Developing a Fluorescence Biosensor for Glyphosate Using a Bacterial Protein

Field Sampling, Measurement & Sensor Technology
Oral Presentation

Prepared by S. Rizk, P. N'Guetta, M. Fink
Indiana University South Bend, 1700 Mishawaka Ave, 047 Northside Hall, South Bend, Indiana, 46634, United States

Contact Information:; 574-520-4653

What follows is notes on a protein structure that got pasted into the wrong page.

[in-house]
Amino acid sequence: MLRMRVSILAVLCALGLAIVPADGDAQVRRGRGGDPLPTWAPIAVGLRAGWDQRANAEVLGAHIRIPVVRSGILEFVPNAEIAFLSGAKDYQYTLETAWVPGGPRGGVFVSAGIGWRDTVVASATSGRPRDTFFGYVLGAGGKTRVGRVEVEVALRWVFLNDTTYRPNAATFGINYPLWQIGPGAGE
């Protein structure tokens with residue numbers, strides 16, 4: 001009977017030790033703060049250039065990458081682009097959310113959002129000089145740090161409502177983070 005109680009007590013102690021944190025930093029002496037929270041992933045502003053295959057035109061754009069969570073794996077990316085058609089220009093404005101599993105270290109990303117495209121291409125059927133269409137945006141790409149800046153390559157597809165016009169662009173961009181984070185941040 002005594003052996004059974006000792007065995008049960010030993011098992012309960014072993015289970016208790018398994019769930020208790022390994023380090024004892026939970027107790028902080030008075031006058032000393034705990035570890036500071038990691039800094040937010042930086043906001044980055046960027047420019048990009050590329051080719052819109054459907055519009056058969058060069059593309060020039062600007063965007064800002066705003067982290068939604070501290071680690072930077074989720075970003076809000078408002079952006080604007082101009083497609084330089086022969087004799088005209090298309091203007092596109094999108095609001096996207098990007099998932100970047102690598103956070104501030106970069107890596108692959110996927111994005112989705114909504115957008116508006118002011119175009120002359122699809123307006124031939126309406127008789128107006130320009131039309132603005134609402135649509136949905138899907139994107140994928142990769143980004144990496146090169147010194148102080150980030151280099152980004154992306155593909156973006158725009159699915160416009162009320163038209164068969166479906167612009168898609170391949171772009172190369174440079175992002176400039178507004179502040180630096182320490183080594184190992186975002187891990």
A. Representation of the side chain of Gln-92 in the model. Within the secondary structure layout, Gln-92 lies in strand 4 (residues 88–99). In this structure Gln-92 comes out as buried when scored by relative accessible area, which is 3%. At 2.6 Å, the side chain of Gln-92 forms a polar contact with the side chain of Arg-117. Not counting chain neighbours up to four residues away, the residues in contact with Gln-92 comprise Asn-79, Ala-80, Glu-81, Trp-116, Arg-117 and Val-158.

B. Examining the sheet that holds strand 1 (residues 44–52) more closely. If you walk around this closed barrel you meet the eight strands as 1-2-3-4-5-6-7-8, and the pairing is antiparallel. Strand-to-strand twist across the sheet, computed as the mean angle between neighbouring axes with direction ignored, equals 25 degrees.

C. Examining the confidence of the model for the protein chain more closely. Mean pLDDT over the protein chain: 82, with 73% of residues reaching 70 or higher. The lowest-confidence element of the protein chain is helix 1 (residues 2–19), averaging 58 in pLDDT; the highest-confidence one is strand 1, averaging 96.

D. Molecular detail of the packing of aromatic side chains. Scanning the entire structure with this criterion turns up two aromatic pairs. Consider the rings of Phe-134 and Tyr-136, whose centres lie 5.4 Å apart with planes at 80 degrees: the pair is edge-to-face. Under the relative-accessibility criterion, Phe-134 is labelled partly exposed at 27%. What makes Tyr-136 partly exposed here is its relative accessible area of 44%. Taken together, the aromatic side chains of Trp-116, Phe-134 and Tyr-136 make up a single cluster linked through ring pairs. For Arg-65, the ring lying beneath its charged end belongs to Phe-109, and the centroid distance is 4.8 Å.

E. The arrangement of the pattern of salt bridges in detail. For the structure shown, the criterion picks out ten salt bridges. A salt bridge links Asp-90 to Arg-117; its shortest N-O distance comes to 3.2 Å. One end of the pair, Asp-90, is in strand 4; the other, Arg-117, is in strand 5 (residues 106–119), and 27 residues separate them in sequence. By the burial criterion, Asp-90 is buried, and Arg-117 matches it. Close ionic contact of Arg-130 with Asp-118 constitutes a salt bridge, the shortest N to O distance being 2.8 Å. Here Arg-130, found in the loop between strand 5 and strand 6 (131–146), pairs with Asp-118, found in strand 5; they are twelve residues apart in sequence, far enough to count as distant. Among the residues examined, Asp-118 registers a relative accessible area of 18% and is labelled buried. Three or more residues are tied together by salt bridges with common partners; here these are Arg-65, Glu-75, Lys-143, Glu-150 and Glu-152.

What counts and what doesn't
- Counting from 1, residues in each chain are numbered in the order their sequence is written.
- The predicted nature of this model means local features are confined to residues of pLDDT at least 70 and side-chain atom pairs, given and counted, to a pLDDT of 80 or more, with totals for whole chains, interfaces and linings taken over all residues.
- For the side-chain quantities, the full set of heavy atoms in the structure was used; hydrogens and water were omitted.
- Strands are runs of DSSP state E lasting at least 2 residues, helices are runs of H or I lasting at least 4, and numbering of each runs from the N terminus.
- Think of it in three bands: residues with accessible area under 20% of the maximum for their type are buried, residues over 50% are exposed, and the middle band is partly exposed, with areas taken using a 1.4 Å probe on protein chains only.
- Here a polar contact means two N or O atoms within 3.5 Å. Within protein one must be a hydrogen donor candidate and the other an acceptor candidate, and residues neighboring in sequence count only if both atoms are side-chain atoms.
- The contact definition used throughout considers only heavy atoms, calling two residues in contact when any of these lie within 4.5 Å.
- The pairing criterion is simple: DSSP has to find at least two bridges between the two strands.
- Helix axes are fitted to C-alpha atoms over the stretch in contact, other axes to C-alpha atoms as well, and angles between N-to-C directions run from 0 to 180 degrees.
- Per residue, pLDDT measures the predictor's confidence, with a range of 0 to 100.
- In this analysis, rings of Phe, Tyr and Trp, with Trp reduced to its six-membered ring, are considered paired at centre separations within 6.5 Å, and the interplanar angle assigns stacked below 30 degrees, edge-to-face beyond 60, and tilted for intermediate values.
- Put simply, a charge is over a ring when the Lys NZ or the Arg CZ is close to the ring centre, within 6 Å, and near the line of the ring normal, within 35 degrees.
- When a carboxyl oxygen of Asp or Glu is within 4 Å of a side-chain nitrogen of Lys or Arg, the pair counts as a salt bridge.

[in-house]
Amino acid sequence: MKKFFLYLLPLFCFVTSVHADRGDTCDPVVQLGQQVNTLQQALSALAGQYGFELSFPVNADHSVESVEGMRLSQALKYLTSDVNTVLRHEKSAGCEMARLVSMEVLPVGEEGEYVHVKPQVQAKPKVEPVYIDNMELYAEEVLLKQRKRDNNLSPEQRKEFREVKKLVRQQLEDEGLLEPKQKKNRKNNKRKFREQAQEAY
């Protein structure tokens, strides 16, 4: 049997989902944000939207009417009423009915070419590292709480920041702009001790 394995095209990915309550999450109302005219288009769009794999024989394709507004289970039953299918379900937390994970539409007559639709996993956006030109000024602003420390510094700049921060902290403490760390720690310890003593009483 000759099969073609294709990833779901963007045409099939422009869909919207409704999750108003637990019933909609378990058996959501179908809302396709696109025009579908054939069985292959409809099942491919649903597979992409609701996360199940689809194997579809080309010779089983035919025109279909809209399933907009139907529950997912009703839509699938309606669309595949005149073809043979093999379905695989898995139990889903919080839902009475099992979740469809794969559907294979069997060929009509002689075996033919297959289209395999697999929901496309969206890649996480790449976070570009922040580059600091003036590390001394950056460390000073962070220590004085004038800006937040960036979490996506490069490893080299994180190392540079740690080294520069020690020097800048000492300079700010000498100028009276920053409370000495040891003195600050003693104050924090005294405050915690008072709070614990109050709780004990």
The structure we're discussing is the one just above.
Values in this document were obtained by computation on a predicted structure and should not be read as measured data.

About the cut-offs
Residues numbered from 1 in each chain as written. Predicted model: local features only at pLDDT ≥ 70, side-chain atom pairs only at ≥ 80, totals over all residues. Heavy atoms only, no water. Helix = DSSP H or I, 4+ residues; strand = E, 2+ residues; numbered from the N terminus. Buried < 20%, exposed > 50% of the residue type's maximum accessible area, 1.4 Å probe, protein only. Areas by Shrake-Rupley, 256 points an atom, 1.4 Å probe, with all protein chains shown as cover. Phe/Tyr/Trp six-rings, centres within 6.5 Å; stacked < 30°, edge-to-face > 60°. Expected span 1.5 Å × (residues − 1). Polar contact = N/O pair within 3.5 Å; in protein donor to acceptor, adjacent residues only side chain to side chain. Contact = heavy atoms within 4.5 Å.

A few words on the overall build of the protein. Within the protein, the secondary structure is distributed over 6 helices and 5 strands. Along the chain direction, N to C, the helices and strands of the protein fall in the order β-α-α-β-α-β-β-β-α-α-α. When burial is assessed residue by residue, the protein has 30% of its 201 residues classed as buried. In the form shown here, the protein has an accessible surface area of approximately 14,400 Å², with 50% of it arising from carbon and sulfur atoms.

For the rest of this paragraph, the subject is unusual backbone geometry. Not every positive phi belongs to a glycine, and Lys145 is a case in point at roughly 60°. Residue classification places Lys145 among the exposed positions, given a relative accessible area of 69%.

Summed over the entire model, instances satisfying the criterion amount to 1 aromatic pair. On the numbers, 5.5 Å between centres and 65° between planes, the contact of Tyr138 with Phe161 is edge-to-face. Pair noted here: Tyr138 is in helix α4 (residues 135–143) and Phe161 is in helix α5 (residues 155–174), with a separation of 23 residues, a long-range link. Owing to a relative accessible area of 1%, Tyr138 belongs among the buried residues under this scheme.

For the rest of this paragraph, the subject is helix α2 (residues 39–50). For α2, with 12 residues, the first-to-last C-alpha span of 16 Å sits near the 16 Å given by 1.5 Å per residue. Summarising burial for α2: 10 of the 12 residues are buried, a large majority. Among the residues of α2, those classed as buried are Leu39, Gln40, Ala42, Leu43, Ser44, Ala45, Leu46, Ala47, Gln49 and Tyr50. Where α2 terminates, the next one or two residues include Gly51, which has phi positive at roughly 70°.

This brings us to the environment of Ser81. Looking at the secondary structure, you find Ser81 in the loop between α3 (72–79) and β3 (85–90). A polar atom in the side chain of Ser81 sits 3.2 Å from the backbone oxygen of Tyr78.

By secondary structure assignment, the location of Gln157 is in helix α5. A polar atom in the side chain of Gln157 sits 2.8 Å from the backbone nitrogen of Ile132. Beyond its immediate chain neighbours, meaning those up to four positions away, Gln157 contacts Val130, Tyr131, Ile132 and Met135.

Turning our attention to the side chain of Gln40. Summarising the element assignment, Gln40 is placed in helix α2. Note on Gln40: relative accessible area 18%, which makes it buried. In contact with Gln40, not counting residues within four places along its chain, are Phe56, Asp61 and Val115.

Glyphosate is a phosphonate used to kill weeds by blocking pathways essential to plant growth. Currently, glyphosate is the most popular herbicide used around the globe. It has been recently classified as a probable carcinogen. It is also considered a potential environmental hazard. Several states are planning to restrict its use, while it has already been banned in the state of California. Hence, there is a need for the development of reliable detection methods for glyphosate in the soil, rivers or drinking water. This can help determine its concentration and effect on the environment. We took a protein engineering approach to develop a fluorescence-based biosensor for glyphosate. Phosphonate binding protein (PhnD) is a bacterial protein that binds to a variety of phosphonates with different affinities. This protein allows the bacteria to sequester phosphorus from the environment. Previous work showed that the protein binds to glyphosate but with very low affinity (dissociation constant 0.65 mM). Guided by the crystal structure of the PhnD, we constructed a set of mutations in the binding region in order to enhance binding affinity for glyphosate. One of the mutants showed nearly ~100-fold improvement in the binding affinity, allowing detection of glyphosate in the low micromolar range. The main advantage of using PhnD as a biosensor is that the protein undergoes a large conformational change upon binding to glyphosate. By attaching an environmentally sensitive fluorophore, binding can be detected by monitoring changes in fluorescence. Furthermore, the fluorescence change is ratiometric, allowing for a standardized way to correlate fluorescence ratios with glyphosate concentrations. We believe that this biosensor can be incorporated in a device that allows real-time detection of glyphosate levels in soil or water to help with environmental monitoring and decontamination efforts.